In 1961, tenor George Shirley was named a winner of the Metropolitan Opera National Council Auditions, and subsequently received the first contract given to a black tenor to perform with the company. Later, he would become the first black tenor to perform a leading role at the Met. Shirley was also the first black member of the United States Army Chorus and first African-American music teacher in Detroit’s public high schools.
In 2015, former President Barack Obama awarded Shirley with the National Medal of Arts. In 2016, the National Opera Association presented a Lifetime Achievement Award to the trailblazing tenor. Currently, Shirley serves as an emeritus professor of voice at the University of Michigan, where his students have included, among others, countertenor David Daniels.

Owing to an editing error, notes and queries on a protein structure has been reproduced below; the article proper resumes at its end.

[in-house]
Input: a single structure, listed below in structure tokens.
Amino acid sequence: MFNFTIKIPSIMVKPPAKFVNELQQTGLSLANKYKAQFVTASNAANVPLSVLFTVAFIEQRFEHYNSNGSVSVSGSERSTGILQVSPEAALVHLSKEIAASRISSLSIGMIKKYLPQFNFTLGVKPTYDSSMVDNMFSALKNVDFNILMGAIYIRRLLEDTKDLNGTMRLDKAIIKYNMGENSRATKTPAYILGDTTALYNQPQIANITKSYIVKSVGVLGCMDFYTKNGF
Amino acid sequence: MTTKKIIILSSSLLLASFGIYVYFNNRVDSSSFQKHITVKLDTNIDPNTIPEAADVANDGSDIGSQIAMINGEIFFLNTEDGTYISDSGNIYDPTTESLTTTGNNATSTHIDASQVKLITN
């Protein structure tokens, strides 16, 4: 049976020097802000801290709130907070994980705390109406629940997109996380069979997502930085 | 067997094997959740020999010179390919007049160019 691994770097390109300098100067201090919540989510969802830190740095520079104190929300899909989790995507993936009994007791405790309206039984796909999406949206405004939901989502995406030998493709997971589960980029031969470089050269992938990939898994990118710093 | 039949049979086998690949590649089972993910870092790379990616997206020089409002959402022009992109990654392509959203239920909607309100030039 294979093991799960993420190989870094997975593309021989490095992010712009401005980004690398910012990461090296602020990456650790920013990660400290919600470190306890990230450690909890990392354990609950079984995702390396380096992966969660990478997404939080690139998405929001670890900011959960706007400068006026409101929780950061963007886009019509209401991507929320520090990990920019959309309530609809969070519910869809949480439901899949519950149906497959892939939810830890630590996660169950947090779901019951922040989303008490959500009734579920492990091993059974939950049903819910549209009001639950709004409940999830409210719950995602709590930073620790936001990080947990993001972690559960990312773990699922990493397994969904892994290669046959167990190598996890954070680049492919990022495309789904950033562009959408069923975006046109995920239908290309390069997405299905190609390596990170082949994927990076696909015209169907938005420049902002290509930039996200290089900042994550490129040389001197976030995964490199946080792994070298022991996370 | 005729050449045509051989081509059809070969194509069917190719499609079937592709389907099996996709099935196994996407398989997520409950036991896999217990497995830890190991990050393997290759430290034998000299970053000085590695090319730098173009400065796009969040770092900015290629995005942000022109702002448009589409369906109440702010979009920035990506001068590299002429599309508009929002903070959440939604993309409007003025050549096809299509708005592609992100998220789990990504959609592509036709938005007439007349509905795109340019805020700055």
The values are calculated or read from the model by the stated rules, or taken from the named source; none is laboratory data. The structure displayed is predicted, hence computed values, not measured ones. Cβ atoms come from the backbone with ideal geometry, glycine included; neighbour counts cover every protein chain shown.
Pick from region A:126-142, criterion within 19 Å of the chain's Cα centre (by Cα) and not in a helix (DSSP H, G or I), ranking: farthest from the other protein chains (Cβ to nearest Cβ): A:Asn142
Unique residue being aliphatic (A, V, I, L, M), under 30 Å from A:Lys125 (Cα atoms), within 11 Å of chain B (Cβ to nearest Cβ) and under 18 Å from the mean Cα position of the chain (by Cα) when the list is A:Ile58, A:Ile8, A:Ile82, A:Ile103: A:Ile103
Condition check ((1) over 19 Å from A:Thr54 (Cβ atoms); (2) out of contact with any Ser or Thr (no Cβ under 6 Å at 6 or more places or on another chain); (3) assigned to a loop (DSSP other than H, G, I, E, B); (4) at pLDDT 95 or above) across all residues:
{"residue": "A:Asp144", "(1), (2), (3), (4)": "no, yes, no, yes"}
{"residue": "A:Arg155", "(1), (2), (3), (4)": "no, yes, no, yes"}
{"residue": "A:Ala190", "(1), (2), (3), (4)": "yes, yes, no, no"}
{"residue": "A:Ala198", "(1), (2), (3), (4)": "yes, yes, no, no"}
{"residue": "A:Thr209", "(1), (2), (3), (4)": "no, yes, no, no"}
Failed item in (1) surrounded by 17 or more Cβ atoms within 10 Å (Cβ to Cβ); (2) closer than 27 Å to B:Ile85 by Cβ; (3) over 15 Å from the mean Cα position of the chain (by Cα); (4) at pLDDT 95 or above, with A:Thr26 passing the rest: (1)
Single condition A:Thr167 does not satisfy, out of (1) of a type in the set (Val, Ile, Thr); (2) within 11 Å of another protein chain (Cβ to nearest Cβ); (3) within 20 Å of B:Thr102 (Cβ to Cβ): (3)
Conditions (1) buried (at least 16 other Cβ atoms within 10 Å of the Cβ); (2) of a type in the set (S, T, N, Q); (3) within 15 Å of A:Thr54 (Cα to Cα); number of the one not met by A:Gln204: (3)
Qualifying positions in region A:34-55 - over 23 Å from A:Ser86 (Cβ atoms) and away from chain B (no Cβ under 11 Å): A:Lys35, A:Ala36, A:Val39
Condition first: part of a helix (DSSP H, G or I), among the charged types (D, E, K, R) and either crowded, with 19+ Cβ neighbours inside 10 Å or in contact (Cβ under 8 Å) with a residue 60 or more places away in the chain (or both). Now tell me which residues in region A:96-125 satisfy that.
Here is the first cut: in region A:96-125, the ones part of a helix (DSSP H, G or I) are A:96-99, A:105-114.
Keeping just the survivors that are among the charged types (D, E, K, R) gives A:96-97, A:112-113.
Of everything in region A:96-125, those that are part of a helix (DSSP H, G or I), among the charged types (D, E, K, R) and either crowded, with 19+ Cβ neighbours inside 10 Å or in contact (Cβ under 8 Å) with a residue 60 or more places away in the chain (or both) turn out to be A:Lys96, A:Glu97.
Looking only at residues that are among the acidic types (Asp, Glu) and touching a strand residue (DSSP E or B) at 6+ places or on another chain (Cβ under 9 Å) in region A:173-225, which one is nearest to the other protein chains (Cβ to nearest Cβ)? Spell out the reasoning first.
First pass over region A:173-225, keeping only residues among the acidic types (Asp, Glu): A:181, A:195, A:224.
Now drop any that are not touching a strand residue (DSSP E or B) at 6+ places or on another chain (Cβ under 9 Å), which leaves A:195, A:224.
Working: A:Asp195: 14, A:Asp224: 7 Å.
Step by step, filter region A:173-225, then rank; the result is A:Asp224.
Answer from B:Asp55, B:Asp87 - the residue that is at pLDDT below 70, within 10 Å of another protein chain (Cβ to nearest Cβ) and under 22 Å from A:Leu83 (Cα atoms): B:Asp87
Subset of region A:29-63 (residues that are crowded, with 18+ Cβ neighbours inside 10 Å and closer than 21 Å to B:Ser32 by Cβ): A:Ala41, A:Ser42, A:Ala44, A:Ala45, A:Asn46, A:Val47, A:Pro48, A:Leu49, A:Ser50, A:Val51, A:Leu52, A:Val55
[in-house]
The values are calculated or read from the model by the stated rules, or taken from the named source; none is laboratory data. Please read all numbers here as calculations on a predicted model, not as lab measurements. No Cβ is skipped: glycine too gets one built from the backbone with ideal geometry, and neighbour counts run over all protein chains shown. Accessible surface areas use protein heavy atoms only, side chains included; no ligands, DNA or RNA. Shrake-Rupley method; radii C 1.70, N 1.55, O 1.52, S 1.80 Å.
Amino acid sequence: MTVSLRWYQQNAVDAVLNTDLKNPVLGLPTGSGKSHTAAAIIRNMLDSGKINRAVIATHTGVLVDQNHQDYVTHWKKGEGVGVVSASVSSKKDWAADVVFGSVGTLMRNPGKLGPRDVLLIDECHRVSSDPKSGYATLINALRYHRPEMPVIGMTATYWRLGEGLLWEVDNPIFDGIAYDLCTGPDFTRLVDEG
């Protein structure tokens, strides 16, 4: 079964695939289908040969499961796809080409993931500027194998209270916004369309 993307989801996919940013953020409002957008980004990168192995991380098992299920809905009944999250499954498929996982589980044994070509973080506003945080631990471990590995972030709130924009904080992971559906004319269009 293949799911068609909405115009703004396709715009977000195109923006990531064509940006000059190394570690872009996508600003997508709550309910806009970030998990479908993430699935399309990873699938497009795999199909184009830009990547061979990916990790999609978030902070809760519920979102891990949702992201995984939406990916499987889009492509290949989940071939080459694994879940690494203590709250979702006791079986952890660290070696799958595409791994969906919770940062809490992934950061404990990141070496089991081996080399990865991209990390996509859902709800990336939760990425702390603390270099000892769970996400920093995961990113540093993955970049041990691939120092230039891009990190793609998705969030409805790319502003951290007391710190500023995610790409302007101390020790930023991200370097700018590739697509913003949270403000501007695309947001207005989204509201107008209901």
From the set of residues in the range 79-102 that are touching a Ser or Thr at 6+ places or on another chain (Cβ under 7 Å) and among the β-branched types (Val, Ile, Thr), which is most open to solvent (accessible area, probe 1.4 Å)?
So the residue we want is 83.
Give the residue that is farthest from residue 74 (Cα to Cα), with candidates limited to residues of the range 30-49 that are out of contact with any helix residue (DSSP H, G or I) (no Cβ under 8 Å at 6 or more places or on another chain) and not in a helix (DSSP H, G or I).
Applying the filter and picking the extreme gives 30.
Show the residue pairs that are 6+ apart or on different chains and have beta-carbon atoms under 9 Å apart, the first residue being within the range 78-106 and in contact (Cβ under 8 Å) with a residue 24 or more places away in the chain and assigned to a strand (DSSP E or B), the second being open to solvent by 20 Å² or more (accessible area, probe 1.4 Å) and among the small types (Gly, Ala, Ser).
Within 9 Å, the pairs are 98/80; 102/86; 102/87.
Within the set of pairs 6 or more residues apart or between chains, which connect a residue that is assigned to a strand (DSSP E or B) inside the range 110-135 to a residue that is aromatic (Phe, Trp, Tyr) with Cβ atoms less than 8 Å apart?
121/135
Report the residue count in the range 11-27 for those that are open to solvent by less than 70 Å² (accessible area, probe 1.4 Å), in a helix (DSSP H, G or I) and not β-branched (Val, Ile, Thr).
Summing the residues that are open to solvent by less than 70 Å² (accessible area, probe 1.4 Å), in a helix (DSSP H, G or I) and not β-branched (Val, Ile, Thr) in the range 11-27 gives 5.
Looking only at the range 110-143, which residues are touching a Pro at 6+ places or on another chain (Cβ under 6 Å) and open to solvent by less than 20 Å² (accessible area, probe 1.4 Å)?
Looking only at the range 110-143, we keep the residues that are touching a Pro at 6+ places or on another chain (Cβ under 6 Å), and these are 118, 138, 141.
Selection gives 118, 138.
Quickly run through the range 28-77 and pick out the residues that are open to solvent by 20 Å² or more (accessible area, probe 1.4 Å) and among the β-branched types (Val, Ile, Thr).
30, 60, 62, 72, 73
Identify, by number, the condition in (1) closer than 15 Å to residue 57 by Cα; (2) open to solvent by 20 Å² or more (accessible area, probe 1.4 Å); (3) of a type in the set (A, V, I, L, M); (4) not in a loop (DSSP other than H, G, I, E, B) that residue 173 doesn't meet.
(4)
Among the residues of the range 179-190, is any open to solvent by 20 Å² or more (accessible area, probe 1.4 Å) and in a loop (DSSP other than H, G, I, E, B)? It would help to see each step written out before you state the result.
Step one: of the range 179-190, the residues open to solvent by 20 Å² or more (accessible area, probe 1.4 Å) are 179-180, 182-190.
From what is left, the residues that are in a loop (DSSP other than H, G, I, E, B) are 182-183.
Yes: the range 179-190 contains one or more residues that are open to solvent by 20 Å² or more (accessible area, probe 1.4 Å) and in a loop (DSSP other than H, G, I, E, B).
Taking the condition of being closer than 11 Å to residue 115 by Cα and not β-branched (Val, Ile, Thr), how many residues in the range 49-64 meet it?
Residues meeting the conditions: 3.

Shirley was particularly known for his performance of “Un aura amorosa” from Mozart’s Cosi fan tutte. In the opera, Ferrando and Guglielmo are convinced that their fiancées, Dorabella and Fiordiligi, would not be faithful to them if given the chance to be with another man. Ferrando proclaims his love for Dorabella, as well as his faith in love, singing “Un auro amorosa.” Hear a recording of George Shirley’s rendition, for which he won a Grammy in 1968, below.